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World
African Representation
An African chamber of commerce in China is conducive to future Sino-African cooperation
By Nicole Bonnah | NO. 26 JUNE 29, 2017
Visitors shop African jewelry at the China International Tourism Commodities Fair in Yiwu, east China's Zhejiang Province, on May 26 (XINHUA)

In the age of booming Sino-African relations, one question keeps popping up: Where is the ideal symbolic and practical representative of African commerce in China?

It's a legitimate question. The China-based European Union (EU) Chamber of Commerce, American Chamber of Commerce, French Chamber of Commerce and Industry and others all give a voice to the businesses of their respective regions and countries in China. The interests of these businesses and their engagement within China are at the heart of the work each chamber conducts as recognized independent bodies.

Hermann Mefire, a 32-year-old independent business consultant, thinks an African board of representatives is of utmost importance for future China-Africa cooperation.

"I would like to see this happening sooner rather than later," said Mefire.

A man with a vision

Graduated in 2014 with a bachelor's degree in international economics and trade and an MBA in international commerce in 2017, Mefire speaks of a coming age where the African Union (AU) will need to take precedence as a leading voice and advocate for African business in China.

"This organization must assume its responsibilities, like the EU," he said.

A successful middle-man between Chinese economic players wanting to forge new partnerships in and with Africa, Mefire has assisted hundreds of Chinese clients to transfer and build their businesses on the continent. Mefire recognizes a growing gap in policy, guidance and advocacy for their African counterparts in China. "An African chamber of commerce could gather [African] companies [together], uniting small strengths to become bigger," he said.

By closing the gap between African business owners and suppliers of the materials and equipment they most need in China, he has made a name for himself. One of his list of clients is in West Africa. "I have been helping a businessman from Cameroon. He is in construction, [and needs] materials. Our supplier is located in north China's Hebei Province—his materials are shipped from the port of Tianjin to the port of Douala [Cameroon]," he told ChinAfrica, a monthly publication of Beijing Review.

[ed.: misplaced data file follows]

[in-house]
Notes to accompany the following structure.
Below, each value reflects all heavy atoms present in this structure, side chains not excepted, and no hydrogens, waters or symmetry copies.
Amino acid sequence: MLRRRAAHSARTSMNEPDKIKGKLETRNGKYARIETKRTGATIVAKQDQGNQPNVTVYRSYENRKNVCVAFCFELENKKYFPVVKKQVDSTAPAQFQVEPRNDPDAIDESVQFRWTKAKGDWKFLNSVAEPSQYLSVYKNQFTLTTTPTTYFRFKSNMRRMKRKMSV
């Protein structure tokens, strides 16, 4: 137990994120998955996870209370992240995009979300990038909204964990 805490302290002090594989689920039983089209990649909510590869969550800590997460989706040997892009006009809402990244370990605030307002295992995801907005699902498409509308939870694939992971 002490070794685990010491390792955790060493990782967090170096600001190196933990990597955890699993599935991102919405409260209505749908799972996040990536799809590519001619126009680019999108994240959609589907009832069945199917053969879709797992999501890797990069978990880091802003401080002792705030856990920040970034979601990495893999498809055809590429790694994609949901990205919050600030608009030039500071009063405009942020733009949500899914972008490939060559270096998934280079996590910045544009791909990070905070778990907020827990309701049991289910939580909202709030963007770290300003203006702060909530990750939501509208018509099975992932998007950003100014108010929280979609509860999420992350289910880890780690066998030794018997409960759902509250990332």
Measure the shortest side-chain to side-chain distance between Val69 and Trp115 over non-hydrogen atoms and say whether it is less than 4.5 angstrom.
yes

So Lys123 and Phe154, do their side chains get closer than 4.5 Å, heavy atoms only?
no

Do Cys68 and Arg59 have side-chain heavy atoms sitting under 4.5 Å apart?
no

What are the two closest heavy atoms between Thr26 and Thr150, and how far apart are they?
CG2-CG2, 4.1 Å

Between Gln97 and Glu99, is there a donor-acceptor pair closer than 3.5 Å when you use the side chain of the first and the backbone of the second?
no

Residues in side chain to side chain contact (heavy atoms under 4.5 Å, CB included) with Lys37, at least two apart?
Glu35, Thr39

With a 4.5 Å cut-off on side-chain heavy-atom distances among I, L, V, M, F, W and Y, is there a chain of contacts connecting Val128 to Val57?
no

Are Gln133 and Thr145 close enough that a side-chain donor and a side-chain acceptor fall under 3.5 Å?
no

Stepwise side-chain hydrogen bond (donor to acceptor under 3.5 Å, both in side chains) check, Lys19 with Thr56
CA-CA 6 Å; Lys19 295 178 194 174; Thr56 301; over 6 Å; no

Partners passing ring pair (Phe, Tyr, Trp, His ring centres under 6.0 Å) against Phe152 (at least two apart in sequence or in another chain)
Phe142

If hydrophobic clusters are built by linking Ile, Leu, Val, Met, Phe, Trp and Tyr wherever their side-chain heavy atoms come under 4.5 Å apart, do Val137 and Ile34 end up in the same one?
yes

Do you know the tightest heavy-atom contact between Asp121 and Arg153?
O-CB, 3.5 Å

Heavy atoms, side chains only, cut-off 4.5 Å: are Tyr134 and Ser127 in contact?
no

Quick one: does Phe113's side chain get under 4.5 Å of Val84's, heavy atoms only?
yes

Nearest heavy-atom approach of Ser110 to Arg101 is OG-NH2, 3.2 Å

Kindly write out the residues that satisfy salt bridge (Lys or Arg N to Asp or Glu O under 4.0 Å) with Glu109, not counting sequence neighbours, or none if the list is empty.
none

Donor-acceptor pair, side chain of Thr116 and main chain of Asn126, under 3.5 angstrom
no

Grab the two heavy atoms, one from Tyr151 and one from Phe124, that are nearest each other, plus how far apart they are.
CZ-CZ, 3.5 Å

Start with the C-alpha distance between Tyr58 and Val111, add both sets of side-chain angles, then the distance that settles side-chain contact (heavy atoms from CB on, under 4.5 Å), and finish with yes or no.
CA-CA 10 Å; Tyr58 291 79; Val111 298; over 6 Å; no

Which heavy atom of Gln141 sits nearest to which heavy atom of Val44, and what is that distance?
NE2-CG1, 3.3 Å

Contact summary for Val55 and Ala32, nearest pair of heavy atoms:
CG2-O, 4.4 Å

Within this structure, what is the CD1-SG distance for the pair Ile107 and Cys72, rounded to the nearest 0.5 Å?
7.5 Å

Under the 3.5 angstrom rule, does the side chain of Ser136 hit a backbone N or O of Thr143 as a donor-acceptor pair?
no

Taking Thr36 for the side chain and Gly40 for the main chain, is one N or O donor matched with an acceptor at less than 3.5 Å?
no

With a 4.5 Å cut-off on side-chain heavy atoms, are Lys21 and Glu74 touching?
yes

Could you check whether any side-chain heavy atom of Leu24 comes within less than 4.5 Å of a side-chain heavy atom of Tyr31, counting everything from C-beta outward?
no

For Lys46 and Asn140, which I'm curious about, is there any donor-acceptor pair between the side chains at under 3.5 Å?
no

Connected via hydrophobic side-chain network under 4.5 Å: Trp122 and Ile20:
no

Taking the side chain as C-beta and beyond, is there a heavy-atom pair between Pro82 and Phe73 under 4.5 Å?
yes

Yet although Mefire's consulting skills are helping African businesses obtain resources in China, he keeps questioning how Africans might be better prepared and assisted in crafting startups in or migrating their businesses over to China.

Hermann Mefire, representing Sub-Saharan Africa on Hubei TV program Informal Talks, gives his opinions on cultural differences between China and the rest of the world (COURTESY PHOTO)

Speaking the same language

Choosing to learn and study in Chinese, Mefire recalls, was the foundation of his current success. Before completing his MBA at Beijing Union University, he interned at a mining company in China. The company later commissioned him to represent it in his home country of Cameroon. He was sent to help negotiation while helping to maintain a constant and efficient work-flow.

"To be successful, it's so important to speak the language to negotiate on an equal footing. The mining company knew I spoke Chinese and the native language in Cameroon. I was an asset because of this," he said.

But internal problems and missed business opportunities prompted him to take a leap of faith and start out on his own.

"I no longer wanted to work for the company whose projects were usually short-term," he said. "I also thought I can be more useful as a consultant, because I can share my business experience in China with my fellow Africans—so that they can make good deals with [the] Chinese," he added.